The defeat of the 'Wehrmacht' which had been predicted again and again by the members of the resistance organization of the camp, changes the life of the Dachau prisoners. All of a sudden, their lives become too precious to be lost or wiped out. After the Stalingrad disaster in Winter 1943, and with the proclamation of the 'Total war', all reserves have to be activated for the production of arms. The prisoners of all concentration camps in Germany are now employed in war industry. In Dachau the SS turn their plant into an arms production and repair site. For the first time, groups of prisoners accompanied by their SS guards leave the camp to work in other arms and war supply factories. Instead of suffering the usual harassment, the prisoners are now exploitet like slaves. The roll calls become reduced to a minimum ("flash calls") and the food seems to get somewhat better.
However, work outside of the camp not only has disadvantages. For the first time the prisones have contact with the Dachau citizens who, for the most part, are showing sympathy. Great efforts are made by some to help the prisoners with food and with forwarding their mail. Especially women perform in a most admirable way.
As the war goes on, other camps are established, such as the camp in Allach close to the BMW plant. The airraids of the allies, which were primarily directed to the centers of industry in and around Munich, forced the officials to transfer all crucial arms production to remote places. Close to them additional camps are set up and finally these small camps are found all over Southern Germany. Yet life in those camps is often like hell. Starvation and deadly deseases - such as typhoid fever - kill many prisoners. The expression of "Extermination by drudgery" eventually becomes a common slogan.
The advance of the allied troops in Winter 1944/45 brings new hope to the prisoners but at the same time, they are confronted with severe problems. Day by day, loads of prisoners from other concentration camps arrive in order to hide away the living proof of the Nazi terror from the eyes of the enemy. Terribly exhausted people form Auschwitz, Natzweiler, Buchenwald, emaciated by endless walking, starvation, freezing temperatures and thurst, crammed into box cars, they all reach the camp with their last reserves of strength. The majority of them look like death. Their sight is so merciful that the comrades try to help with food and blankets - often in vain. Much too fast death takes its toll among the newcomers.
Moreover, the old detainees of the Dachau camp soon need to fear for their own lives, although the front of the Americans does not seem to be far away and the thunder of the shells can be heard quite close: the typhoid fever is raging in the camp. Also, the SS are planning to send thousands of detainees to the alpine region of "Ötztaler Alpen" in order to erect an alpine fortress. The prisoners, among them Germans, Russians and Jews, try to obstruct the orders of the SS wherever possible, but on April 26, 1945 the 'death march' for approximately 7000 prisoners starts, which means a cruel end to many of the prisoners - only hours before the arrival of their liberators.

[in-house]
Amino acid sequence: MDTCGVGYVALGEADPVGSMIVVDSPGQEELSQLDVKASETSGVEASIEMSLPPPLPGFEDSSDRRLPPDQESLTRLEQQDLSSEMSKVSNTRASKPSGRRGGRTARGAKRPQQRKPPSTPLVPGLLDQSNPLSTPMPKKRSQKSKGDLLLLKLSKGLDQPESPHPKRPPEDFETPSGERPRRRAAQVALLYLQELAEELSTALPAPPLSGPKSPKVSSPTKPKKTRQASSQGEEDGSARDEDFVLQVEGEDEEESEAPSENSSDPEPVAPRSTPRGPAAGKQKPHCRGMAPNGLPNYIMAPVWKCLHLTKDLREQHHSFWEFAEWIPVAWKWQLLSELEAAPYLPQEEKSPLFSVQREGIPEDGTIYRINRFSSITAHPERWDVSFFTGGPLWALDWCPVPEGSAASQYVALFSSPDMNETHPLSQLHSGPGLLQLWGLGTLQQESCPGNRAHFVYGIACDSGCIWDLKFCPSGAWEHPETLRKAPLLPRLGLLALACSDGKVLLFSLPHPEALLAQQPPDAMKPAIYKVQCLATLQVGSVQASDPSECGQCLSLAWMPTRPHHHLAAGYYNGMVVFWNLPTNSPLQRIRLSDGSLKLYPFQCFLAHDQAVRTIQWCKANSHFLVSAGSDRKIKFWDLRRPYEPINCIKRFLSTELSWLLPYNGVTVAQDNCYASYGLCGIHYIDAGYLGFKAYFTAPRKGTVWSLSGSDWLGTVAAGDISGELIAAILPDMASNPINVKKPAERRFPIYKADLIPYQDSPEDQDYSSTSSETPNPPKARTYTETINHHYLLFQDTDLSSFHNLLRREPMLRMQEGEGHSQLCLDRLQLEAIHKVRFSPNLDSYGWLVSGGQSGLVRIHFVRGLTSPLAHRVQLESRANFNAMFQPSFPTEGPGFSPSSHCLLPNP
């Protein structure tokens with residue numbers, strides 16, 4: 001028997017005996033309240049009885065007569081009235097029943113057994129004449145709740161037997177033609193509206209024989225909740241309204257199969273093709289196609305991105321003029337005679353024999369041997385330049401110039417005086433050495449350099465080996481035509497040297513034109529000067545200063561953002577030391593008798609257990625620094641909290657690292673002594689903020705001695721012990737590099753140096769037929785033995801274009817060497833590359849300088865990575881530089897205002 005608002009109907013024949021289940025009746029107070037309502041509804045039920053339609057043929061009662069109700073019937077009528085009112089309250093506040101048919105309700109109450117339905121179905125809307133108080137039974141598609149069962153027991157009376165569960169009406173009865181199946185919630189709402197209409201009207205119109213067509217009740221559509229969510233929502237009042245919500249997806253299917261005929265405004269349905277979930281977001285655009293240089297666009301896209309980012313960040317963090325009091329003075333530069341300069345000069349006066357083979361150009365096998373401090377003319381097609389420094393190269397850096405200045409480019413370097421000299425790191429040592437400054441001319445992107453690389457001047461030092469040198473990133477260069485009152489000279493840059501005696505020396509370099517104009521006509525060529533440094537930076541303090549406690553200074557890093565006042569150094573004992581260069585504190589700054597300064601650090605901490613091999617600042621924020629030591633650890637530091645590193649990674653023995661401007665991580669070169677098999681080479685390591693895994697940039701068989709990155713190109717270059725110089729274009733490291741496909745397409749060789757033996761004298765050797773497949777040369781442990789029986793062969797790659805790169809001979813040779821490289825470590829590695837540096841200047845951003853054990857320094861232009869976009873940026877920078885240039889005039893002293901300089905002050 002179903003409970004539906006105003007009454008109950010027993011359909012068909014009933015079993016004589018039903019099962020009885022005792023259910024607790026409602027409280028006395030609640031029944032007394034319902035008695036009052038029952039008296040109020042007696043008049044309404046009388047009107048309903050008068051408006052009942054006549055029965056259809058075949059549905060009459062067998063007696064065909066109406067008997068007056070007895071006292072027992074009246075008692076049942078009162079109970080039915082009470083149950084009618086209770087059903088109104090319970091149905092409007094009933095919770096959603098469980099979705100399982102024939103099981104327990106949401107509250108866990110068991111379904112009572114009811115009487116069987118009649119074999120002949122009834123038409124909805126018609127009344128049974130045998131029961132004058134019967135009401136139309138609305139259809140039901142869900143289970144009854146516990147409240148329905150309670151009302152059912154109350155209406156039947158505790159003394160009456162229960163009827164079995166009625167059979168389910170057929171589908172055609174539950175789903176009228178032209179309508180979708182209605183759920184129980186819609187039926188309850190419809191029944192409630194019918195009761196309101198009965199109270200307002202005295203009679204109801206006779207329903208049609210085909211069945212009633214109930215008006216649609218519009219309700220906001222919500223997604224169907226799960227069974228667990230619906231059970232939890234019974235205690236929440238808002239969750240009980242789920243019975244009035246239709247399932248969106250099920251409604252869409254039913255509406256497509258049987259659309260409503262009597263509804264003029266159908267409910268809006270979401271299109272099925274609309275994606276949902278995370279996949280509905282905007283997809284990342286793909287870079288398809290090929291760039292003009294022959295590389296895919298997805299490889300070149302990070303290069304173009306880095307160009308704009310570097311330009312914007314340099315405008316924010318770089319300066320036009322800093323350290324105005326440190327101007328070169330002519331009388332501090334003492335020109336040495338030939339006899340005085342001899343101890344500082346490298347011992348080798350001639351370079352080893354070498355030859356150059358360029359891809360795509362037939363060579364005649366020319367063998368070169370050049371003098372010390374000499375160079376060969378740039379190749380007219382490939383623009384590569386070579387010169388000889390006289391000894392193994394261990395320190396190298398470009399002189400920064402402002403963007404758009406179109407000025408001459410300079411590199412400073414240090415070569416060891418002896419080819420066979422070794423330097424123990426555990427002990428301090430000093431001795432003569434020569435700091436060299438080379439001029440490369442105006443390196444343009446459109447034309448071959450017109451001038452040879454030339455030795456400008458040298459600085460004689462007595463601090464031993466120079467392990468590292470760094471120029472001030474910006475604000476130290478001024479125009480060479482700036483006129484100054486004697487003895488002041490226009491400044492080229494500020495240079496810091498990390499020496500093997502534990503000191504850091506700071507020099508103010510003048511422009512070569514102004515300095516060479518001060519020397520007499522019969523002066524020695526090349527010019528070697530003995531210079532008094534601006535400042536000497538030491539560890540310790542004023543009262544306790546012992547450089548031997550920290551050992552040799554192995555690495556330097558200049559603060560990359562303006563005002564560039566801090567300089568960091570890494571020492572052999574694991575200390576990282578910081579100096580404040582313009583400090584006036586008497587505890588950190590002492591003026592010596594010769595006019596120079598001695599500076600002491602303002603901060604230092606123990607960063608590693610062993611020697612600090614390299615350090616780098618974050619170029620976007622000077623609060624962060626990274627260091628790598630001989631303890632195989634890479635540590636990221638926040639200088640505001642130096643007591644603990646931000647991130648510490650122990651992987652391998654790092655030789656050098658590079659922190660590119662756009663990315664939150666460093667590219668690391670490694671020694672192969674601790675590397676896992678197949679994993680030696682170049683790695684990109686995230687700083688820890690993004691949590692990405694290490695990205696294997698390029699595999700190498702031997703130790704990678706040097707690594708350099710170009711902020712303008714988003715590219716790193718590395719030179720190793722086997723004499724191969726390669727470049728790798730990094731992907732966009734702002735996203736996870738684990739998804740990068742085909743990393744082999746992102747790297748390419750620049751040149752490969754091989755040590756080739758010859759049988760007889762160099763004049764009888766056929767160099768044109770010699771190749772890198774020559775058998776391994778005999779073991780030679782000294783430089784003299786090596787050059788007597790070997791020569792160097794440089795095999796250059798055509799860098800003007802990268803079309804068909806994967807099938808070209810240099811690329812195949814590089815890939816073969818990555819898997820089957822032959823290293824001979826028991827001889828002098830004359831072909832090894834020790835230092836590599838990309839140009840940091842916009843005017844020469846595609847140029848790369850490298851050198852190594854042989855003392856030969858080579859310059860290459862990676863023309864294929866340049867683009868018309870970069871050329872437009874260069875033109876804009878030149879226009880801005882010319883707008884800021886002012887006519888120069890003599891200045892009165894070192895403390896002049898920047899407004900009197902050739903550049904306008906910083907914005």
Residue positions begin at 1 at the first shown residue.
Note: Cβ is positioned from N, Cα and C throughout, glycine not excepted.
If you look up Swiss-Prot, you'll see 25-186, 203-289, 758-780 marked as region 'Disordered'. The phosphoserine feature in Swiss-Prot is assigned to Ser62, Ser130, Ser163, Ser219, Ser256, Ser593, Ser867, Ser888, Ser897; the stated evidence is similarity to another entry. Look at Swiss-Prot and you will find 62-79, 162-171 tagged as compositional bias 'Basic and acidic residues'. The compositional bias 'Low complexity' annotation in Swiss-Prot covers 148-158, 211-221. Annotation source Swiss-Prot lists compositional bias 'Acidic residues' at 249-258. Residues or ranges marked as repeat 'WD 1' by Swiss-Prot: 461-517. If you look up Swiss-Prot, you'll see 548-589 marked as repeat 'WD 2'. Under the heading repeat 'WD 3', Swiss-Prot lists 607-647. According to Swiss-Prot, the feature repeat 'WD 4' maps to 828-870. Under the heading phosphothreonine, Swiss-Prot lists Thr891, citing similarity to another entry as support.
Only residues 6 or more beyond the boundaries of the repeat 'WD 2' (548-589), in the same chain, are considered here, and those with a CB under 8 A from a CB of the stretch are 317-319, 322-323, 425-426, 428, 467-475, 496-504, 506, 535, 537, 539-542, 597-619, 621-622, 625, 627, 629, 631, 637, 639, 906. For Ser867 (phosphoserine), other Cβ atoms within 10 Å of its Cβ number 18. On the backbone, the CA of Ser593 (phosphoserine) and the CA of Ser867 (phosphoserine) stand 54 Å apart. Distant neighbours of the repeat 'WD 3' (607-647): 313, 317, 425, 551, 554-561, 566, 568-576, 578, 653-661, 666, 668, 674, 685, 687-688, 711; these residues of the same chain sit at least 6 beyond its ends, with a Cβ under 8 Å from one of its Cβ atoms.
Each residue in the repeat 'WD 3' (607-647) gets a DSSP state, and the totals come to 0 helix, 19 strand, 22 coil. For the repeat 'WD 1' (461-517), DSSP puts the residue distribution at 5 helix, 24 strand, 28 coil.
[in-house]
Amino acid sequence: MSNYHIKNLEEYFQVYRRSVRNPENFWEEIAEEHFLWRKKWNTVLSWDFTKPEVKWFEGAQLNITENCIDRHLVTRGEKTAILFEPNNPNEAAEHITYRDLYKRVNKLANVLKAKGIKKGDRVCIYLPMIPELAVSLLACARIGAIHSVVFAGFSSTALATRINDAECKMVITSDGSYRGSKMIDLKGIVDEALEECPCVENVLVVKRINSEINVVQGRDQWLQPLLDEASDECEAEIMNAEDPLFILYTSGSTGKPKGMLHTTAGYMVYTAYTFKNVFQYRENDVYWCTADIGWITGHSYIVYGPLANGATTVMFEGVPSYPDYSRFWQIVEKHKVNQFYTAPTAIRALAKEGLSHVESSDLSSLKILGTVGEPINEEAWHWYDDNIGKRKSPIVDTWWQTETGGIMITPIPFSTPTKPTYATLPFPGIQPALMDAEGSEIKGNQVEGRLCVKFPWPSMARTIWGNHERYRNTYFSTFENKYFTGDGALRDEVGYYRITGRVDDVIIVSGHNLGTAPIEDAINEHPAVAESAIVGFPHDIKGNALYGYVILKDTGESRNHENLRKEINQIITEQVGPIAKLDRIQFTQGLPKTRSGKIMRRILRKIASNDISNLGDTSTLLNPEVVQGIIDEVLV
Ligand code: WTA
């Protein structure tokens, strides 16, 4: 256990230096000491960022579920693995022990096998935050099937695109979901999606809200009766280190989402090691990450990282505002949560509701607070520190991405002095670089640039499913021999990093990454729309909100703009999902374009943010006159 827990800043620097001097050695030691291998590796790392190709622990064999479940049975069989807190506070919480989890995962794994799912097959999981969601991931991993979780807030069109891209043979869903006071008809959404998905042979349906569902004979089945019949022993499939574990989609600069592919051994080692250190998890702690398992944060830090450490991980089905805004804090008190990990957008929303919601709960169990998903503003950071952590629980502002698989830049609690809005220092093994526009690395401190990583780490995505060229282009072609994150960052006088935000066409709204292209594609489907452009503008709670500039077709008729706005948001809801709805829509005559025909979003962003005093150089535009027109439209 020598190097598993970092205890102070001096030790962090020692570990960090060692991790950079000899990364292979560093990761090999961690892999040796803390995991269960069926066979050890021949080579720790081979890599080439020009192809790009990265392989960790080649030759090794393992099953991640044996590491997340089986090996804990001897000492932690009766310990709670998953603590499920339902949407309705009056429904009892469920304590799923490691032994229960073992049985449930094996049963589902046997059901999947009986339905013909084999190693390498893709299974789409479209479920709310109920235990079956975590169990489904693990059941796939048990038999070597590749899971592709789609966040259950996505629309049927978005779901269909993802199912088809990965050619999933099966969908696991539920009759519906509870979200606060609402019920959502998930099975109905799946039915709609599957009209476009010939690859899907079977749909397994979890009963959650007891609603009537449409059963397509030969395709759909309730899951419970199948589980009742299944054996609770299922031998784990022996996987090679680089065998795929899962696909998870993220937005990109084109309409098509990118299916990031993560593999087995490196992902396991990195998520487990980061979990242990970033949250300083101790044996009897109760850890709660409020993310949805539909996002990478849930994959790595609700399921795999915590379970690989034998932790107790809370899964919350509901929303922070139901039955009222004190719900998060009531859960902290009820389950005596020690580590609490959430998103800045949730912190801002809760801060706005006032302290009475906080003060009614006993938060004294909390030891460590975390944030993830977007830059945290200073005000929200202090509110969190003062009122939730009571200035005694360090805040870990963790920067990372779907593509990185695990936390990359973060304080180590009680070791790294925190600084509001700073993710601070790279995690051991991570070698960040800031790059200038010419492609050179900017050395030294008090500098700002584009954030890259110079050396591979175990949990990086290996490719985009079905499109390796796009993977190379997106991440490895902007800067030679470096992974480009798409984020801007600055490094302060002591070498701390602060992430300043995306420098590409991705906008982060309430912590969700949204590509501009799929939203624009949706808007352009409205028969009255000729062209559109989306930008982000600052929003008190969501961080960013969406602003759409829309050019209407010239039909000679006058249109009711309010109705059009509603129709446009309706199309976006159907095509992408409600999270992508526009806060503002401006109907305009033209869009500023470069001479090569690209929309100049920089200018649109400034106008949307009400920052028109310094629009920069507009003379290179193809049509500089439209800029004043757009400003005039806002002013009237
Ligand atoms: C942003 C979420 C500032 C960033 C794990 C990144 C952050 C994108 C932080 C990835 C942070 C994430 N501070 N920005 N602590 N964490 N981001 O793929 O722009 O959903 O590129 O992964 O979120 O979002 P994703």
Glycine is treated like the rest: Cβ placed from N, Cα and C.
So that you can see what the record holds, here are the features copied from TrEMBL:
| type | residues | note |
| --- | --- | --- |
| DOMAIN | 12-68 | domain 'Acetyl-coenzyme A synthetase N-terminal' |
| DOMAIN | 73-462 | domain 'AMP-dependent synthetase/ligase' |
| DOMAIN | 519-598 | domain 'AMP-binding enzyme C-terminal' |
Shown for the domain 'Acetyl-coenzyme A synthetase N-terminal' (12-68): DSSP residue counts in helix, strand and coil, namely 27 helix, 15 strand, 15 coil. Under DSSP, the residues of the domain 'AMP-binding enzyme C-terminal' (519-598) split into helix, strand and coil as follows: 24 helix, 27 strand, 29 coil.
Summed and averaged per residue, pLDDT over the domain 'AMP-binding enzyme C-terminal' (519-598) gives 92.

While chaos is growing among the SS during these last hours before the arrival of the US army troops, the International prisoners committee, the secret resistance organization, takes control of the prisoners. The members of the committee tell their comrades again and again to try and keep cool for not to give their guards a pretext for a massacre.
At the same time, prisoners experienced in handling weapons - among them fighters who had been in the Spanish civil war - are smuggled outside. They join with a group of citizens of Dachau directed by the previous camp inmates Georg Scherer and Walter Neff, who are trying to stop the planned death marches. When the "Freiheitsaktion Bayern" (Bavarian freedom initiative) under the leadership of Rupprecht Gerngroß broadcasts on April 28, 1945 to resist the NS officials, the Dachau resistance group opens the attack. The rebels attack the city hall, disarm the police and trigger the sirens for "Tank raid warning". This signal should make the camp SS believe that the Americans were arriving. And indeed, the irritated camp guards stop the evacuation of inmates. Unfortunately the rebels are caught by the attack of an elite unit of the SS. They are fighting. Most of the rebels are able to escape. Six dead persons - three inmates and three citizens - remain on the scene.
More and more the SS are losing control of the camp and finally they leave - not without evacuating their prominent prisoners, like pastor Martin Niemöller, General Halder, General Thomas and Mr. Kallay, former Prime Minister of Hungary, to Southern Tyrol, where they are finally liberated by the Americans at the hotel "Pragser Wildsee".
Meanwhile the communist detainee Karl Riemer from Nuremberg and some of his comrades escape from the Dachau camp in order to get help. Under risk of his life, Riemer crosses the war lines until he reaches the American troops, which at that time are in the vicinity of Pfaffenhofen. While he tries to convince them to start their march on Dachau the liberators have already started to move towards the camp. On April 29, 1945 the town is taken by units of the 7th US army and the camp is finally liberated. 32.335 prisoners celebrate their arrival. However, the terror continues to claim its toll: In the days following liberation, another 3147 prisoners die from their deseases and from weakness.
Translated by Marlene Hoffmeister
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